Roszak similarly said that Bloq is focused on helping enterprises build an "Internet stack" in the same way that they built e-commerce platforms in the 1990s.
"We're seeing a world where you're going to have a constellation of chains, whether it's Ripple, Ethereum or bitcoin, there's going to be connective tissue of common software layers," he said. "If we want that ecosystem to scale, we need to give [enterprises] those common denominator tools."
Roszak estimated that, today, Bloq has a dozen customers who see value in its model because of its ability to allow businesses to access open-source blockchains, without having to hire full-time developers to help adapt the protocol to their needs.
"They don't want to hire five Core devs because they want to manage this wallet or a private chain, they want to build applications for vertical markets, whether it's health records or clearing and settlement," Roszak said.
Unique to its offering is that Bloq aims to offer 24/7 support to its clients, in an effort to better assuage concerns about working with open-source tech. Bloq engineers will also implement features needed by clients into bitcoin's code, in a similar fashion as industry startup Blockstream.
Garzik described this work as implementing the "scaffolding" that has perhaps so far led enterprise businesses to seek to create private blockchain solutions.
"Open-source projects can be of very uneven quality," Garzik said. "That's really what the Red Hat model is all about – working with the community, yet taking it up a notch, bringing enterprise clients the support that open source doesn't by default provide."
He further described private blockchains as "inevitable", but posited that using bitcoin's code for such projects may be the best way to ensure there is compatibility between all blockchain and distributed ledger systems.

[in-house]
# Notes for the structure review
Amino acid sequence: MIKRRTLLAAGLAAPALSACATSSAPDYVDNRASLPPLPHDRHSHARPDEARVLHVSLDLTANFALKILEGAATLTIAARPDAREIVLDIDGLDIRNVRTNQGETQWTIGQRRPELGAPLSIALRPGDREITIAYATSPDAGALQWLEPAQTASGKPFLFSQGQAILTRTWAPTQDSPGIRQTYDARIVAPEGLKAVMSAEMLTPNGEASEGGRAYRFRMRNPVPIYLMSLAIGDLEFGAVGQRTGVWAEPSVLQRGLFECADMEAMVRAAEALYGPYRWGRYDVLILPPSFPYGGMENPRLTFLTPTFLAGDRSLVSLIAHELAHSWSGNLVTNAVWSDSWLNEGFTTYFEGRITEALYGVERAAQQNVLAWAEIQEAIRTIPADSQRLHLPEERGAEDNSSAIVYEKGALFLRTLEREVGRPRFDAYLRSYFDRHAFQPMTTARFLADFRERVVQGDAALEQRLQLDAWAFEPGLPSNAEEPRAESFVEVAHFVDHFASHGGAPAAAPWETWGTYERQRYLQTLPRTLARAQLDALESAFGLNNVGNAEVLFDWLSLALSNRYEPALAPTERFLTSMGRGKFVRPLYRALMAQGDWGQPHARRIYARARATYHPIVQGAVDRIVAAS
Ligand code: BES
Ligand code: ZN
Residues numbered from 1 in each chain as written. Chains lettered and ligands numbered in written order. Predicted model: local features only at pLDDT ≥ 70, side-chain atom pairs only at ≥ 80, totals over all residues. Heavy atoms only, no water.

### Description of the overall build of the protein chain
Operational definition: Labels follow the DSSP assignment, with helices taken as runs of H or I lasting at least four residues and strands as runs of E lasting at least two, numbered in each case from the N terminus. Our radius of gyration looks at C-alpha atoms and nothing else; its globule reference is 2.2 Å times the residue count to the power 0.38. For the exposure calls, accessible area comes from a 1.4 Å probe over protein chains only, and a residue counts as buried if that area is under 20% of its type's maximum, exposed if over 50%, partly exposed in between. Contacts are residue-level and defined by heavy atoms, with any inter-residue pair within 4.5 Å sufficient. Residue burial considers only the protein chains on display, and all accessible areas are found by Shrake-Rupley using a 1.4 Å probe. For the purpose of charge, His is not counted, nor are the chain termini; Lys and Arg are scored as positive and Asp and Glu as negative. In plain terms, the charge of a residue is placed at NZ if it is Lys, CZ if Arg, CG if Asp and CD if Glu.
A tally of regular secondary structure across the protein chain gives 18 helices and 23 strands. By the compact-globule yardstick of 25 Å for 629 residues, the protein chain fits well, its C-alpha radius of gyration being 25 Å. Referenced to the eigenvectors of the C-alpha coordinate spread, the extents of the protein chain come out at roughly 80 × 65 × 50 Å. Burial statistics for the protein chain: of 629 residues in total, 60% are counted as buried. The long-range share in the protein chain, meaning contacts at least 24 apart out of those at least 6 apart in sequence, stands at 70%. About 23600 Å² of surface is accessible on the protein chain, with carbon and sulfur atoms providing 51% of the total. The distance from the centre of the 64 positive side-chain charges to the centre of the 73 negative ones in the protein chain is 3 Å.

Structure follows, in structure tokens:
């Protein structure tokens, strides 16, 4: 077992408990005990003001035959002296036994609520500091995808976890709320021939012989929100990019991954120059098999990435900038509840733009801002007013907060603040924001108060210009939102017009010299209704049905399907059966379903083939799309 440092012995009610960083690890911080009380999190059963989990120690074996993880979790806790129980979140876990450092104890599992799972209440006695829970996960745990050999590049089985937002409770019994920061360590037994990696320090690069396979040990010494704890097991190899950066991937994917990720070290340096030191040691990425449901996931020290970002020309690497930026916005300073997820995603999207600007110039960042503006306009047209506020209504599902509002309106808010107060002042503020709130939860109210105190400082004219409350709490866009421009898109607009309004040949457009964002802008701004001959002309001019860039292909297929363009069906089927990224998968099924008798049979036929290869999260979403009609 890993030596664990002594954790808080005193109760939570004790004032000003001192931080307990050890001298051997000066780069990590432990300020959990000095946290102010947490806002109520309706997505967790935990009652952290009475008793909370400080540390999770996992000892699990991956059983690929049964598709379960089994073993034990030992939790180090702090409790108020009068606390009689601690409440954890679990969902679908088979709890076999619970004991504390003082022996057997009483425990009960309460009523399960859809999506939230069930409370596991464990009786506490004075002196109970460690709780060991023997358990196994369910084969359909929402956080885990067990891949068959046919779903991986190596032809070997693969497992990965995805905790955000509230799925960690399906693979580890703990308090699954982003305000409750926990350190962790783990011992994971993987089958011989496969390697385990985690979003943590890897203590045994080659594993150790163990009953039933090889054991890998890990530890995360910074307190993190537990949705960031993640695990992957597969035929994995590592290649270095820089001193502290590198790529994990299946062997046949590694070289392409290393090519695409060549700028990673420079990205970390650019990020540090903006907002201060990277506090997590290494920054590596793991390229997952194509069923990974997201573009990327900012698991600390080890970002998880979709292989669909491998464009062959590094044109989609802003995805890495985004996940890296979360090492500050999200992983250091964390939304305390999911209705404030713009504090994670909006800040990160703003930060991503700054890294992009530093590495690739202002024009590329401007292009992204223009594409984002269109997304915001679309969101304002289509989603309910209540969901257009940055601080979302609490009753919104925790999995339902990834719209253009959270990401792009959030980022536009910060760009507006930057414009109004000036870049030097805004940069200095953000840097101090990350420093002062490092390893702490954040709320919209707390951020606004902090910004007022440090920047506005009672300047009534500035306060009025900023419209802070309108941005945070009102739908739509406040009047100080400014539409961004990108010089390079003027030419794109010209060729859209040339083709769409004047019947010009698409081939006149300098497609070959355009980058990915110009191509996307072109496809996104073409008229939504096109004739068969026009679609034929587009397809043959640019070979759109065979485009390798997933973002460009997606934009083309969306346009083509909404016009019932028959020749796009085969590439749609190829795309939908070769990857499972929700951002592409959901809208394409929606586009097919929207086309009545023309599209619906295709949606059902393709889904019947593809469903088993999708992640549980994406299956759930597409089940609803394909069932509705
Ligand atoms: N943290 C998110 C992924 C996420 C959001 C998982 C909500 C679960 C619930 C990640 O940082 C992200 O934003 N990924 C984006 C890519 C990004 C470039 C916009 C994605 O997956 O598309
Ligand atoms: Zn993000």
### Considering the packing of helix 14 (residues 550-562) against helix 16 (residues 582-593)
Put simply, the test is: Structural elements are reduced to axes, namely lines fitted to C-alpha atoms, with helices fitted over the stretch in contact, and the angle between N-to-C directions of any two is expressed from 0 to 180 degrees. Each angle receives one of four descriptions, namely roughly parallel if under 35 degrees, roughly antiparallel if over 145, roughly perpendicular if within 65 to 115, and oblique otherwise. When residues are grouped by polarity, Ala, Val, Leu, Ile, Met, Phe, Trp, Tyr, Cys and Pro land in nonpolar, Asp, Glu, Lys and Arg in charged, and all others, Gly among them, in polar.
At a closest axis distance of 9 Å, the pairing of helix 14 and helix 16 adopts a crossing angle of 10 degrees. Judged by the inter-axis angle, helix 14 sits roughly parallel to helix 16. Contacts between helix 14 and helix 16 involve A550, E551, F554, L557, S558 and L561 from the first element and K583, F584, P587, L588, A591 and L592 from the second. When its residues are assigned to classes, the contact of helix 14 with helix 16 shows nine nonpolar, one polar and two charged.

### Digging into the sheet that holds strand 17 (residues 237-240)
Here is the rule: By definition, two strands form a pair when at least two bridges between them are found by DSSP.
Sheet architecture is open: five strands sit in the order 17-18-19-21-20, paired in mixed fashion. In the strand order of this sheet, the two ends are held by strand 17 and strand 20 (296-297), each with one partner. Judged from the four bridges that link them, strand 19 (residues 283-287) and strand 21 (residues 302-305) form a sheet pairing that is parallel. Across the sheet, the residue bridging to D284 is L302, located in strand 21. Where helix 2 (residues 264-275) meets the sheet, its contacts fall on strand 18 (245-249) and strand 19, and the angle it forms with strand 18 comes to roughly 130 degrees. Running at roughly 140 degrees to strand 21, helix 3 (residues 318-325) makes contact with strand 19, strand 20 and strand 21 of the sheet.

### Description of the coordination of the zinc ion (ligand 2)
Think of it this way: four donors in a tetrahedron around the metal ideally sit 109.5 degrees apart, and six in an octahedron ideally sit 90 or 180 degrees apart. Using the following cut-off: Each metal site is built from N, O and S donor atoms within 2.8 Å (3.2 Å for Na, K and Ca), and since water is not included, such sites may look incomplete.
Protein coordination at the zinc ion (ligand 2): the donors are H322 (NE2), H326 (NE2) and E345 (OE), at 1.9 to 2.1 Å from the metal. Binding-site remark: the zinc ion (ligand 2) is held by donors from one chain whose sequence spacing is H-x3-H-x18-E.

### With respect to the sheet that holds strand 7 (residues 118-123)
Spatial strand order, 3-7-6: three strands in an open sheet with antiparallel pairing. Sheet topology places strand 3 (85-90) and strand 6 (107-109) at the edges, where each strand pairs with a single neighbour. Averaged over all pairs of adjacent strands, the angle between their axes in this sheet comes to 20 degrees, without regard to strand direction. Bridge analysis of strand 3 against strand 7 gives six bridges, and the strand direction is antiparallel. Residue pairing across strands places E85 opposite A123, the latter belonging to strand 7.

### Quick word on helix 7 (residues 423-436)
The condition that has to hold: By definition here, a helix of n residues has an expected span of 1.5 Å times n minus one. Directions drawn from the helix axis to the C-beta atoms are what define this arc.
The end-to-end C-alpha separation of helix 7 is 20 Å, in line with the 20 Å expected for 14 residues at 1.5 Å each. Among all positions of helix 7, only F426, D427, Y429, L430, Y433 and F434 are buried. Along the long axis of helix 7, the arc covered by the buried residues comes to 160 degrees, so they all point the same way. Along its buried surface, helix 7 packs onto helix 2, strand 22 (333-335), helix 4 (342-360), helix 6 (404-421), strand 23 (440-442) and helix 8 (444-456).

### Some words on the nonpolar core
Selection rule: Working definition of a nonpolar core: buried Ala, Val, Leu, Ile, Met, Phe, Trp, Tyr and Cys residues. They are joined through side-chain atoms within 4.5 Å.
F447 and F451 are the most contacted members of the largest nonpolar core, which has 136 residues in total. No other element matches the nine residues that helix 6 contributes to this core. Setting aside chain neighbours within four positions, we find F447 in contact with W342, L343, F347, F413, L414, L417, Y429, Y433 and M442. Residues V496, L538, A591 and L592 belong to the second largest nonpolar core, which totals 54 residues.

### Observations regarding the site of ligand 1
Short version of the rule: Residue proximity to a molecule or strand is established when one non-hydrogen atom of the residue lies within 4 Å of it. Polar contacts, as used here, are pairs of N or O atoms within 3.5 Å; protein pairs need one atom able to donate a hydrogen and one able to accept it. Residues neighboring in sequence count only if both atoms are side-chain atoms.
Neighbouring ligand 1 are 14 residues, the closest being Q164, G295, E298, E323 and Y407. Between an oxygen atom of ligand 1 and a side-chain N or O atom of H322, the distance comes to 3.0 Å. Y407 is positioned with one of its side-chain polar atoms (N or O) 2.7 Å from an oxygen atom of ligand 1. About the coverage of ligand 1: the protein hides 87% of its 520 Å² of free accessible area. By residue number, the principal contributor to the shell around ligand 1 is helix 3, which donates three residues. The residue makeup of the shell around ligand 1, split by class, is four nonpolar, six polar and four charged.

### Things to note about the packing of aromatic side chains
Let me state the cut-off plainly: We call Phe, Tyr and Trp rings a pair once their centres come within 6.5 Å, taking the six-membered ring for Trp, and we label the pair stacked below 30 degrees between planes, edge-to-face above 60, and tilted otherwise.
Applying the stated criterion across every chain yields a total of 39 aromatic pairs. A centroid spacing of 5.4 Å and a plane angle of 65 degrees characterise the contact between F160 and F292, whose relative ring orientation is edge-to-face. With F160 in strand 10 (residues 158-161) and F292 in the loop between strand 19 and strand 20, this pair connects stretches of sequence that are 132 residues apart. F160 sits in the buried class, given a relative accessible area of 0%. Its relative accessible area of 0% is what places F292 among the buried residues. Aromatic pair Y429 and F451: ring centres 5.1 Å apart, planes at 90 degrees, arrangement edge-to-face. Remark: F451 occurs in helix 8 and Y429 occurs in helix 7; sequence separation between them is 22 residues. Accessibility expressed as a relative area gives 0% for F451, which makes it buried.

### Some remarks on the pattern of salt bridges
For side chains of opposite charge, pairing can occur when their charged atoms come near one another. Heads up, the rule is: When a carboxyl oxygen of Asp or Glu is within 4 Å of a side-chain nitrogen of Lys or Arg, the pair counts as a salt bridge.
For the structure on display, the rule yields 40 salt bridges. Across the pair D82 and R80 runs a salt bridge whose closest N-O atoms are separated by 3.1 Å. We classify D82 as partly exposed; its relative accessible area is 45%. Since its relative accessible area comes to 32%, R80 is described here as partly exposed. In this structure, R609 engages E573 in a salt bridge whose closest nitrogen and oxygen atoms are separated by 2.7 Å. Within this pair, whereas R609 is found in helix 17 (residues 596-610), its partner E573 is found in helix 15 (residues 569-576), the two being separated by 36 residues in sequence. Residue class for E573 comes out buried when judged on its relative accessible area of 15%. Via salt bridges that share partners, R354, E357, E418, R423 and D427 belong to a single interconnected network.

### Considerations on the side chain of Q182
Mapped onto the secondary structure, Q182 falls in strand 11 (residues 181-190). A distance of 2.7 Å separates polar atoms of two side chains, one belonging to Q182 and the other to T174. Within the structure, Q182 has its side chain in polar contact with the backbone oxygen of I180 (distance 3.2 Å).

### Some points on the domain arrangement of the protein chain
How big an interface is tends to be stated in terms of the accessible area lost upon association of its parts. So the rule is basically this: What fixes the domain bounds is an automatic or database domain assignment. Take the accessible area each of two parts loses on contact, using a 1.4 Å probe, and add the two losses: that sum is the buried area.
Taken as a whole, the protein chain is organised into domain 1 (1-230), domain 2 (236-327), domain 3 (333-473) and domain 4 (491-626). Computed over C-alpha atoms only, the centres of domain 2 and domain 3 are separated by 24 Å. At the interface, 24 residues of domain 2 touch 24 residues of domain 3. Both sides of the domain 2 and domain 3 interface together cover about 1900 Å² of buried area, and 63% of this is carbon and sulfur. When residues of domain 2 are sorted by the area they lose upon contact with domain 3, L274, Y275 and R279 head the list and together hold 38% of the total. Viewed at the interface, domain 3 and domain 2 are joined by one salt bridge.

Of course, given the budget and experience of the Red Hat team, Garzik and Roszak also addressed the need for a company like Bloq even if Red Hat were to enter the market.
Roszak said Bloq would benefit from an imbalance in the amount of interest in the space and the amount of qualified professionals who can work with the new technologies needed to carry out this vision.
Because of the early stage of the technology, however, he said he believes companies like Oracle and Red Hat are unlikely to offer such solutions in the near-term, and that they may even become customers of Bloq given its collected expertise.
"We look at ourselves as partners to these companies in terms of our go-to market and how we view the ecosystem," he said.
Garzik also addressed why he is not concerned about building Bloq as a service focused on the bitcoin blockchain, even amidst the current turmoil in its development community.
Though Garzik is one of the developers working on Bitcoin Classic, an effort seeking to scale the bitcoin network's transaction capacity through a hard fork, he sees Bloq as "policy neutral".
"We are very happy to support customers with Bitcoin Core or Bitcoin Classic consensus rules, and that is what we will do moving forward," he said.
Garzik pointed to past posts in which he stated he believes both versions of the bitcoin software suffer from governance issues, but that ultimately, Bloq's function is not to present problems to technical debate, but provide choice to customers seeking to navigate such decisions as necessary to their business
"We provide the choice, and then step back and let the customers choose," Garzik said, concluding:
"Fortune 100 customers shouldn't have to worry about all the minute details of bitcoin forking. They should have a menu of informed options, and choose from there."